On Tue, May 10, 2016 at 10:05:13AM -0500, Kevin Grittner wrote:
> On Tue, May 10, 2016 at 9:02 AM, Tom Lane <t...@sss.pgh.pa.us> wrote:
> > Kevin Grittner <kgri...@gmail.com> writes:
> >> There were 75 samples each of "disabled" and "reverted" in the
> >> spreadsheet.  Averaging them all, I see this:
> >
> >> reverted:  290,660 TPS
> >> disabled:  292,014 TPS
> >
> >> That's a 0.46% overall increase in performance with the patch,
> >> disabled, compared to reverting it.  I'm surprised that you
> >> consider that to be a "clearly measurable difference".  I mean, it
> >> was measured and it is a difference, but it seems to be well within
> >> the noise.  Even though it is based on 150 samples, I'm not sure we
> >> should consider it statistically significant.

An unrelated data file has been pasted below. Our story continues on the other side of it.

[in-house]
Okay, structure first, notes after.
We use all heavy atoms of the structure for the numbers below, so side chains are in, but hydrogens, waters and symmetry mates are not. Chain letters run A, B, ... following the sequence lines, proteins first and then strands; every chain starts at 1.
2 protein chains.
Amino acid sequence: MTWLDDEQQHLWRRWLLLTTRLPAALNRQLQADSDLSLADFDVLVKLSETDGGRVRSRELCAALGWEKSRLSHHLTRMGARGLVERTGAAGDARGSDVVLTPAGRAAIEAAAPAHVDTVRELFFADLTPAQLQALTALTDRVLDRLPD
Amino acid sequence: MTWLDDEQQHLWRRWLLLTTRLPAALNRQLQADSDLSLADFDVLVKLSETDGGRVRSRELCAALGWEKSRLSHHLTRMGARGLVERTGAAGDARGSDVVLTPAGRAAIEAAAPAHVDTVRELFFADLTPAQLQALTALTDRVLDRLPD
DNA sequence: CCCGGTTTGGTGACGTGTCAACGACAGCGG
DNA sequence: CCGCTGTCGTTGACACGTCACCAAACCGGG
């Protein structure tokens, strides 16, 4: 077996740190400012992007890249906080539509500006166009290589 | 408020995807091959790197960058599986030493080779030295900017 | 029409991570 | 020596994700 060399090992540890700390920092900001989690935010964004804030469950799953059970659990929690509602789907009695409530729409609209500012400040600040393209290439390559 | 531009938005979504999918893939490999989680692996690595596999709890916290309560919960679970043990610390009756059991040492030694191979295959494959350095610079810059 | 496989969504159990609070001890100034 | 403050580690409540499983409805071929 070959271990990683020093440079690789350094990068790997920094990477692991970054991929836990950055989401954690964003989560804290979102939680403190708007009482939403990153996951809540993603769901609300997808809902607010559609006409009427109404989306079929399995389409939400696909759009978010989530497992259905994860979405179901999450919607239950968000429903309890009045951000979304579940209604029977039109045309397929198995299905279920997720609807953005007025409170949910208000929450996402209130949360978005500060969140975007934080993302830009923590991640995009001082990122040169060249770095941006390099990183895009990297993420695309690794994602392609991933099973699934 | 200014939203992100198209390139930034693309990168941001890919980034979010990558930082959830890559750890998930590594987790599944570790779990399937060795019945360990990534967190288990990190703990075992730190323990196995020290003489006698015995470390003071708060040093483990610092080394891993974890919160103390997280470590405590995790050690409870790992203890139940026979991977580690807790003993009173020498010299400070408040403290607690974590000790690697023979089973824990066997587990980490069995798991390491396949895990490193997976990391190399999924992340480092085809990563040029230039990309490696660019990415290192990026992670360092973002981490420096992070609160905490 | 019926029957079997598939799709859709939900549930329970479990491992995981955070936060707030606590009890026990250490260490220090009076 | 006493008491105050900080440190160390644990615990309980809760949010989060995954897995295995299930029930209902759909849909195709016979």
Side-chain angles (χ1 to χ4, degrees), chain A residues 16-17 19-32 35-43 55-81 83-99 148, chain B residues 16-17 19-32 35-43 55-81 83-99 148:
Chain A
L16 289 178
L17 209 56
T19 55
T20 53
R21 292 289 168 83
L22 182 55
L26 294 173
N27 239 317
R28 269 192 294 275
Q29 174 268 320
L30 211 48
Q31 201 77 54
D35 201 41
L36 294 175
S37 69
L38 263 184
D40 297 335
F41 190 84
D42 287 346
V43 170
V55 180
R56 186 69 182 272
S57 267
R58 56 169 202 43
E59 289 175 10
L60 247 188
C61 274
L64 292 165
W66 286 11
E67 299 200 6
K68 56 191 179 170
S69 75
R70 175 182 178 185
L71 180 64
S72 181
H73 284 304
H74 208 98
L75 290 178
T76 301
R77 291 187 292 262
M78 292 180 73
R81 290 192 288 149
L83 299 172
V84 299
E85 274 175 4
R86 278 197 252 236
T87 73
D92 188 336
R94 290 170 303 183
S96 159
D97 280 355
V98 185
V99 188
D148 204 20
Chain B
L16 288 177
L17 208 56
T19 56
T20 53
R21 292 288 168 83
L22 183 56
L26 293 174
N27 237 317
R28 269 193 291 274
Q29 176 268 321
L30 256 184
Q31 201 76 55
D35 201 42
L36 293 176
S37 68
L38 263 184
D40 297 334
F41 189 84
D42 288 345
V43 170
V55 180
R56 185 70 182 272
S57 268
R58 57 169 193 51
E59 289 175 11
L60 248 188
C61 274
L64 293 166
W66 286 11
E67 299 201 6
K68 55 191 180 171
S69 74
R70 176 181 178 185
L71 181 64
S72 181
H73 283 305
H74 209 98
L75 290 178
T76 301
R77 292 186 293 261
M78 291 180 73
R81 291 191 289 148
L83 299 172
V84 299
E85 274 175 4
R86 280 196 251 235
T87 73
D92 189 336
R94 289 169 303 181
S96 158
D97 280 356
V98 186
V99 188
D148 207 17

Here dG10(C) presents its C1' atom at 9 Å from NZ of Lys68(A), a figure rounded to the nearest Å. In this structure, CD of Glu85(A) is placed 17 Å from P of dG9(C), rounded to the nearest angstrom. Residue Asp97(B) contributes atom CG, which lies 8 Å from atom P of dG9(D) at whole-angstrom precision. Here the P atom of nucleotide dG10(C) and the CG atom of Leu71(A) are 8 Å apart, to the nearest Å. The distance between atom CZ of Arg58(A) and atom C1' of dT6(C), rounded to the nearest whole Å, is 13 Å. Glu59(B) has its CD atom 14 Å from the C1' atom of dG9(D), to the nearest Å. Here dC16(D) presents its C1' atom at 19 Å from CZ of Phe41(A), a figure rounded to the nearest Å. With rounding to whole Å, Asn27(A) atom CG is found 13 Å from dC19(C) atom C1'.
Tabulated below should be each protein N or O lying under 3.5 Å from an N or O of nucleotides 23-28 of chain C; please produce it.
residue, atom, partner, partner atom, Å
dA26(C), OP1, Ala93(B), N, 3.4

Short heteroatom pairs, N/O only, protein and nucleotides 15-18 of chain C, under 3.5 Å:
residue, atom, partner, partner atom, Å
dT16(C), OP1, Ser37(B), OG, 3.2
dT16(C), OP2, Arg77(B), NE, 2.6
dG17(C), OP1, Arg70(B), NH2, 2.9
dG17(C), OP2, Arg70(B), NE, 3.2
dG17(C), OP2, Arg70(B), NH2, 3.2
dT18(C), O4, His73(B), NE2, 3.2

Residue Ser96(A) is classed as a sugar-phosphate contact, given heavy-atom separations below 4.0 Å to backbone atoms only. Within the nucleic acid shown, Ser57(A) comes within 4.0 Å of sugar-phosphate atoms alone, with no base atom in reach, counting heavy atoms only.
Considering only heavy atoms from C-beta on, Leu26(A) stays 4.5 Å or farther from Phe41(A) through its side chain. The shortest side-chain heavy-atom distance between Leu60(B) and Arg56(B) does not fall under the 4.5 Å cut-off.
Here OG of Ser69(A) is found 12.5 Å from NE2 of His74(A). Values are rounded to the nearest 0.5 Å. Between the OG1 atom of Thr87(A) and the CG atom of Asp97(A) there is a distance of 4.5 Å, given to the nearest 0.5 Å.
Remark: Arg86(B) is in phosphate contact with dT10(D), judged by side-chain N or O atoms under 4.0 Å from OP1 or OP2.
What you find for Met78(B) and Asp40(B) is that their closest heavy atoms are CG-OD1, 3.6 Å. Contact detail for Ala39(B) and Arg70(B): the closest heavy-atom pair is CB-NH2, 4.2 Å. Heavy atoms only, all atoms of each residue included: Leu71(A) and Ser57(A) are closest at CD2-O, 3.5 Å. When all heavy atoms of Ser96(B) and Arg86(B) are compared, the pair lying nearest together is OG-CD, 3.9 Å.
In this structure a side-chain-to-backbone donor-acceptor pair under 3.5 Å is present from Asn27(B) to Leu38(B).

> >
> > You don't have to guess about that --- compare it to the standard
> > deviation within each group.
> My statistics skills are rusty, but I thought that just gives you
> an effect size, not any idea of whether the effect is statistically
> significant.

I discourage focusing on the statistical significance, because the hypothesis
in question ("Applying revert.patch to 4bbc1a7e decreases 'pgbench -S -M
prepared -j N -c N' tps by 0.46%.") is already an unreliable proxy for
anything we care about.  PostgreSQL performance variation due to incidental,
ephemeral binary layout motion is roughly +/-5%.  Assuming perfect confidence
that 4bbc1a7e+revert.patch is 0.46% slower than 4bbc1a7e, the long-term effect
of revert.patch could be anywhere from -5% to +4%.

If one wishes to make benchmark-driven decisions about single-digit
performance changes, one must control for binary layout effects:


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